A sparkling encounter: swimming with dwarf minke whales | Travel

It’s a rare – and foolhardy – tourism operator that talks in guarantees. Your satisfaction is staked on forces outside their control and their TripAdvisor review hangs in the balance – it’s in their interests to manage your expectations. This is never truer than when what’s being marketed is proximity to wild animals, more mercurial than even the weather.

Last year I went on a three-hour humpback whale-watching trip off Sydney Heads with a friend from out of town. After an hour and a half, the whales remained elusive, and the ship’s captain became increasingly bullish in pursuing possible sightings, charging directly into headwinds and across choppy seas.

We did glimpse one or two whales eventually – at least I did, as the only punter aboard the boat not debilitated by seasickness, my gaze fixed on the horizon as I handed plastic bags to my friend and removed them full. A group of English tourists next to me spoke of the trip in terms one might use for the Hunger Games, wondering if they could bring its end forward by faking a heart attack or telling a crew member they were “allergic to the sea”.

When the captain announced we’d be back in the harbour in 20 minutes, a cheer went up.

Technically, though, we had seen some whales.

Nine months on, the memory lingered at the back of my mind as I boarded Spoilsport, a 30m catamaran, in Cairns one night. Along with 27 other guests (and 12 crew members), I would be spending the next few days on the Great Barrier Reef. We were a diverse bunch, of varying nationalities and experience levels – from seasoned divers shlepping their own gear halfway across the globe, to some for whom just being aboard a boat spurred some trepidation.

We’d been drawn to this four-night, five-day package with Mike Ball Dive Expeditions for the same reason. Its selling point was the promise of swimming with dwarf minke whales, which visit the northern outer reef in large numbers in June and July. Well, not promise, per se – but high probability.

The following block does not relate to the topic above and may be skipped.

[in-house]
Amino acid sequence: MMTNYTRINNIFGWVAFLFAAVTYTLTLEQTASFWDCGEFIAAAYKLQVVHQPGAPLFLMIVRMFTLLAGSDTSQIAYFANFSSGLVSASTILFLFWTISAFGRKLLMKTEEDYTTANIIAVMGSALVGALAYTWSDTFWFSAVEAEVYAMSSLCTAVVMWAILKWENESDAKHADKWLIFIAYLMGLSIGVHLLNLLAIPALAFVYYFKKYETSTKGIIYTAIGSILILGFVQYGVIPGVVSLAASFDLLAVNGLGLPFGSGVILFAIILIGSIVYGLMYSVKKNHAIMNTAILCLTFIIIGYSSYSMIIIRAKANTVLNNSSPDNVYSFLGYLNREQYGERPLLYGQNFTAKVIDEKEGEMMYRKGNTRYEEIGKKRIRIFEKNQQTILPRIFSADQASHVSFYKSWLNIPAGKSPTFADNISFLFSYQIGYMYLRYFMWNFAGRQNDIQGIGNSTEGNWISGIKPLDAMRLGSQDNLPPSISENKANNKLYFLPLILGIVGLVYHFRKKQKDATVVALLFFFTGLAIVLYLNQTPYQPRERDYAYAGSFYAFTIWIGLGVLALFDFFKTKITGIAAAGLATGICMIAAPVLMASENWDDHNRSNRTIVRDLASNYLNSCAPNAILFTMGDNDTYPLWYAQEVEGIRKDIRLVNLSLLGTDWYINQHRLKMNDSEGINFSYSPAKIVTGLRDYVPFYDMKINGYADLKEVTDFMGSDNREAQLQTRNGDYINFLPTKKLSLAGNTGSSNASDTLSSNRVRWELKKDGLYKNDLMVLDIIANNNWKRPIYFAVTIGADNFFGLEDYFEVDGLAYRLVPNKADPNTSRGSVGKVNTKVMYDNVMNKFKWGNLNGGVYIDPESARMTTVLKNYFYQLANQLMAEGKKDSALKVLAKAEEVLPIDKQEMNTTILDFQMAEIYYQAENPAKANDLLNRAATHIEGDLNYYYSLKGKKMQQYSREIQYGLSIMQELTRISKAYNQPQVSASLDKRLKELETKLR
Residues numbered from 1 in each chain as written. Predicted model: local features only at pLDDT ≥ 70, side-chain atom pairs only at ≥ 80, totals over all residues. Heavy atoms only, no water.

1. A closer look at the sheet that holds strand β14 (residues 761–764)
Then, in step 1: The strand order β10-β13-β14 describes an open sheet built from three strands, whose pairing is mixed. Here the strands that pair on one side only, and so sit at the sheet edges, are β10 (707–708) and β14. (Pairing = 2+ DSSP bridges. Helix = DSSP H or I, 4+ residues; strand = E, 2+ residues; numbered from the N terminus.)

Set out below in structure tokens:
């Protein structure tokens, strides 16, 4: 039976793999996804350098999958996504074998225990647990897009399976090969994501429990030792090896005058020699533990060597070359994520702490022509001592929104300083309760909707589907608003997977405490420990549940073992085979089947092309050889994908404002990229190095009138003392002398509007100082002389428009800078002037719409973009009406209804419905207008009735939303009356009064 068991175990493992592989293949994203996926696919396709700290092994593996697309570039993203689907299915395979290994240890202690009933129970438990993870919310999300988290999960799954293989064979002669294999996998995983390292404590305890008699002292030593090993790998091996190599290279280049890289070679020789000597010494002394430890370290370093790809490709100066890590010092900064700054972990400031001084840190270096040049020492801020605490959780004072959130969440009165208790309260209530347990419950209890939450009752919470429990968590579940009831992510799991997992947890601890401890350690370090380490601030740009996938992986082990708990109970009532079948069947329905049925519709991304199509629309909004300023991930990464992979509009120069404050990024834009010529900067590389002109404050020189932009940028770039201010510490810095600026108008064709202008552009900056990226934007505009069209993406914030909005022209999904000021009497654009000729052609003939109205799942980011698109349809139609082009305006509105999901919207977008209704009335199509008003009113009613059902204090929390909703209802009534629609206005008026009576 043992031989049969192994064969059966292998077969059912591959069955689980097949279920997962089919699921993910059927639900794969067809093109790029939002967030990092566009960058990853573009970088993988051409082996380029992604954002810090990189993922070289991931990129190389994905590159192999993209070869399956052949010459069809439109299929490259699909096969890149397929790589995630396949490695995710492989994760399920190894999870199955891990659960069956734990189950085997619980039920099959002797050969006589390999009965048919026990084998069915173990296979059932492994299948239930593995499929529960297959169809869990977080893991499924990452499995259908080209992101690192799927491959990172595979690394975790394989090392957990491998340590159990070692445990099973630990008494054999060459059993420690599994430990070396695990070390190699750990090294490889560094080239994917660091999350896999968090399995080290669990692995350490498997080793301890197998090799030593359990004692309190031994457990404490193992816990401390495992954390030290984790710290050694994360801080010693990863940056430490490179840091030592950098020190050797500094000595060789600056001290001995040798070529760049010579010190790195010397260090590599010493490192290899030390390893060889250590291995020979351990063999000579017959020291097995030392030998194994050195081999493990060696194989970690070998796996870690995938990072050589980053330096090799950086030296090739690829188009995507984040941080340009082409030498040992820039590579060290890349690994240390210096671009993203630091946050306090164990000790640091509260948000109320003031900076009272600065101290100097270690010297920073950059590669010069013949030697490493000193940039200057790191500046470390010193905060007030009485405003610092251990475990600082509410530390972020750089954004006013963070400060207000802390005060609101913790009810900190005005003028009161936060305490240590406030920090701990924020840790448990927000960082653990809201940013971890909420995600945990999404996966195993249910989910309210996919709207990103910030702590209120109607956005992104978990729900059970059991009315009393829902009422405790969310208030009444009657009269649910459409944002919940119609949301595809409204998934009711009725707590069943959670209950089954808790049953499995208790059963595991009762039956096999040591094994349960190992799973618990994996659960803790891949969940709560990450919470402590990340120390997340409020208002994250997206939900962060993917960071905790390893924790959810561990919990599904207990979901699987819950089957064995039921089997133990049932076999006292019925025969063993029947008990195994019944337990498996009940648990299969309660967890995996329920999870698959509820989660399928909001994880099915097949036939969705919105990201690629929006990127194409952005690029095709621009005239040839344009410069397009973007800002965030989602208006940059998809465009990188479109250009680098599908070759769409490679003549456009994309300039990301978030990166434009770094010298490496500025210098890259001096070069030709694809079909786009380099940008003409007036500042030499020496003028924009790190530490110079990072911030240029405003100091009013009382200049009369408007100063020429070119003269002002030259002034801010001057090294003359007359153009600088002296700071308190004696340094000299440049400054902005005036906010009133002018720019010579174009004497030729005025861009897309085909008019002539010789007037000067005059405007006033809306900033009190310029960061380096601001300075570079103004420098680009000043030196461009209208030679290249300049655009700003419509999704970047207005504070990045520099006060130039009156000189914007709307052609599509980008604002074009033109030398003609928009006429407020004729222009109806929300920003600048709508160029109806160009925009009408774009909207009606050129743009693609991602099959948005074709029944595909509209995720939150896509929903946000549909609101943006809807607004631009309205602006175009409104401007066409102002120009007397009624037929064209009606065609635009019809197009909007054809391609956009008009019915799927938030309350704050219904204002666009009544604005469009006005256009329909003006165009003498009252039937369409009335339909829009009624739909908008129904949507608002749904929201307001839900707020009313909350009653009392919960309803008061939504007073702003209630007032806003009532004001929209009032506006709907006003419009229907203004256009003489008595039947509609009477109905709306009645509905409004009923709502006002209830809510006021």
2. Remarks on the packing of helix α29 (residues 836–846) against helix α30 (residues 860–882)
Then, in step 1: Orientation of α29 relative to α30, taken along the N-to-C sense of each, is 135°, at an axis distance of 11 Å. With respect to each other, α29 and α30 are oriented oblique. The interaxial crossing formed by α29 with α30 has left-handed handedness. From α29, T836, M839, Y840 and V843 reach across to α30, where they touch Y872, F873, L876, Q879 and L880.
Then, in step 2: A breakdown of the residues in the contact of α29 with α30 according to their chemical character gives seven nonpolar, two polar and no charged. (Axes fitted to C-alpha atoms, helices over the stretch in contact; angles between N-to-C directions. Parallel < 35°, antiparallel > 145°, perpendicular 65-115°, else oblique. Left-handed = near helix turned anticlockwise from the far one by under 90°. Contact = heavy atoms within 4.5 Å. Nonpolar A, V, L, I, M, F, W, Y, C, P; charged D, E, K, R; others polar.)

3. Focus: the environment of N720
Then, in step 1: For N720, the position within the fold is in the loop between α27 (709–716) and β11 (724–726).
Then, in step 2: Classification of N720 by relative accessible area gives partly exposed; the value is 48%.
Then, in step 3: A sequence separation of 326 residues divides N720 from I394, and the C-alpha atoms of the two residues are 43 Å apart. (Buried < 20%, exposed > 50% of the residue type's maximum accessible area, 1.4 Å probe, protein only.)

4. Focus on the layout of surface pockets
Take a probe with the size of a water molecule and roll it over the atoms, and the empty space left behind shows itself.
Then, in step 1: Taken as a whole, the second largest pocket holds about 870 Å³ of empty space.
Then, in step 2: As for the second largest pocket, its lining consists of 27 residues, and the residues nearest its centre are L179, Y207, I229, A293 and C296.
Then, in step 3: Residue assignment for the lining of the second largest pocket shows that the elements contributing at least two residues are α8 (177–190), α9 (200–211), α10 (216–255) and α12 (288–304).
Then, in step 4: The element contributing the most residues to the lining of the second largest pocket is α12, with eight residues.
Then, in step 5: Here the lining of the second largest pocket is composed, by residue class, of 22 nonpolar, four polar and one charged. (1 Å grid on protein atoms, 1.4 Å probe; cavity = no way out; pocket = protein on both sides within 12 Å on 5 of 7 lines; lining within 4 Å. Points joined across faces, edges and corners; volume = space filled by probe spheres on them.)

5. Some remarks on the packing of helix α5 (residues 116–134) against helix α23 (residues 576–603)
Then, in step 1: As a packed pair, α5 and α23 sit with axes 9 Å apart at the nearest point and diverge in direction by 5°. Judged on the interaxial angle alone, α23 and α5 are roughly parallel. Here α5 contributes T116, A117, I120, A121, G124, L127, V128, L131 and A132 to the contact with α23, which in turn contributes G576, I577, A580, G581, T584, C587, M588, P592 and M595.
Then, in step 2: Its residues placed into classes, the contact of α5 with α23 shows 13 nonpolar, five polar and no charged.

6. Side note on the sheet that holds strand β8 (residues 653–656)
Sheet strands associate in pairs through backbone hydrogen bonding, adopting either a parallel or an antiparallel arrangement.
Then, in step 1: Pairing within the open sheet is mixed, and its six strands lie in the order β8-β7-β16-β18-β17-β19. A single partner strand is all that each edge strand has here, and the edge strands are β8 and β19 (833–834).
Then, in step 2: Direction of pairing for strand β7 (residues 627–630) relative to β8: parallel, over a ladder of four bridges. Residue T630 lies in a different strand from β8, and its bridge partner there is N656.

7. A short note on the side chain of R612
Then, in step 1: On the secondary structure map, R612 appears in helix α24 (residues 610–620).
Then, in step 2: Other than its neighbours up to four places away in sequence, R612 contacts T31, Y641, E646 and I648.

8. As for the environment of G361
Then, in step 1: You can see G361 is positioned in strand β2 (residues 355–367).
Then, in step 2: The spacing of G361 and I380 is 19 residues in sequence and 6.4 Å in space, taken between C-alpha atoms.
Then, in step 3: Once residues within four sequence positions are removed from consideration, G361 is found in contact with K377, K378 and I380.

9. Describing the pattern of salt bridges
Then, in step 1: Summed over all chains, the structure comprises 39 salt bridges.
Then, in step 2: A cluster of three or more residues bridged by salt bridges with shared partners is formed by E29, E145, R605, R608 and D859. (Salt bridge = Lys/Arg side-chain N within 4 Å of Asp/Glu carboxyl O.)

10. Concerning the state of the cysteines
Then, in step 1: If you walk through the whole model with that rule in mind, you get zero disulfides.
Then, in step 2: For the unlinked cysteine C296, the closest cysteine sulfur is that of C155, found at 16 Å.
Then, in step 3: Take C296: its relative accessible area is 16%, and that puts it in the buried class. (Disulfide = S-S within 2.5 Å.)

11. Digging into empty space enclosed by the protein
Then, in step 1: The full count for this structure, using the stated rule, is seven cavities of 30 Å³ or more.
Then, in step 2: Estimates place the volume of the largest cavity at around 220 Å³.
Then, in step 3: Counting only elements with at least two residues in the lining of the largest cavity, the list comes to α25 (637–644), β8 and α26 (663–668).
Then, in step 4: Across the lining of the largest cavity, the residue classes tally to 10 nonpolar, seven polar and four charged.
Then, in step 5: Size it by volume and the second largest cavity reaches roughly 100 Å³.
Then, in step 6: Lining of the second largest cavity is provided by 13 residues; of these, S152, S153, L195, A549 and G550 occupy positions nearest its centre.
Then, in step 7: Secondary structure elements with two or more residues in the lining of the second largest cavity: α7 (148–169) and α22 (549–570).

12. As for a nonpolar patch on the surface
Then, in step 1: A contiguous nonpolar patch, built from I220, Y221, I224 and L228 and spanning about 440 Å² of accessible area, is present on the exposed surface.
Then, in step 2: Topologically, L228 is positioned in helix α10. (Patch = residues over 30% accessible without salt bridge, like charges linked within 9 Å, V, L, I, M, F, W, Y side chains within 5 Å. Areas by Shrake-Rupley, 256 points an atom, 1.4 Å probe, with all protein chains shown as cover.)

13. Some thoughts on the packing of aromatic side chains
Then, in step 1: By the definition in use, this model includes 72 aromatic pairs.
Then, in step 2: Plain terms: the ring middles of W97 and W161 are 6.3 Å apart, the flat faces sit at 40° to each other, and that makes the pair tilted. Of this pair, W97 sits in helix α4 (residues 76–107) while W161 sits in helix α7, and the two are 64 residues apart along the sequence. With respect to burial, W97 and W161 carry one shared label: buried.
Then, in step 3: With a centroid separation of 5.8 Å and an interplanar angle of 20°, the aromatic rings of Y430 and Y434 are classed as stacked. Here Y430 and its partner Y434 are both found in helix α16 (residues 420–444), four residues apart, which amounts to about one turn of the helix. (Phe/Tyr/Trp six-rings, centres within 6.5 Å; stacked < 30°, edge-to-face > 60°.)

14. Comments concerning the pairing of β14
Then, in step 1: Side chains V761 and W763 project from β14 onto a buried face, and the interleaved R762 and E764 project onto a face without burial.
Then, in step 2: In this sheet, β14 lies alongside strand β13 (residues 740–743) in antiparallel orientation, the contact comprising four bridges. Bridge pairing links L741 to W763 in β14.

The itinerary would be dictated by the whales, taking in areas they were known to frequent to maximum our chances of sightings. If we were unlucky at their regular haunts, we’d spend up to two hours at a time searching for them further afield. Since commencing minke whale “expeditions” (Mike Ball himself had corrected me gently when I’d referred to “trips”) in 1996, there had been a 98% success rate. The first year, they’d hired spotter planes, but never since: there was no need.

Promising odds, indeed. But there were still distinctions to be made beyond the binary of sighted or not – like how many whales seen at once, and for how long. Ball’s website said the largest pod his operators had come across had been 28 animals; the longest encounter, 10 hours. It also said “minke whales are wild animals and can be unpredictable; past success does not guarantee future success”.

The 30m Spoilsport catamaran was designed by divers for divers. Photograph: Mike Ball Expeditions

I knew better than to hope of a repeat performance. It said more about my expectations of wild animals than it did my expectations of Mike Ball and Spoilsport’s eminently professional crew that I was prepared to see as many whales, and as much of them, as I did on my disastrous trip last year. Better to set your sights low and be delighted than to be disappointed, I thought as I got ready for bed in my comfortable cabin.

And whatever happened, I had some great diving to look forward to. We were bound for the Ribbon reefs, a chain of 10 individual reefs north of Port Douglas on the edge of the continental shelf. Much has been said about the damage done to the Great Barrier Reef by coral bleaching, cyclones and crown-of-thorns starfish, and especially in the northern third, where coral cover had declined to just 10%, a level not seen in over 30 years.

But Ball had told me that what a visitor to the reef might see of the devastation depended on where they looked: one patch of coral might have suffered significant bleaching, another right next to it might not. Likewise, some dive operators had been disastrously impacted by the recent damage. Being in the “liveaboard” business of accommodating guests for days at a time, Spoilsport was able to travel further to reach more remote, healthy reefs than those that might accessible to day-trip operators.

Soft corals in Queensland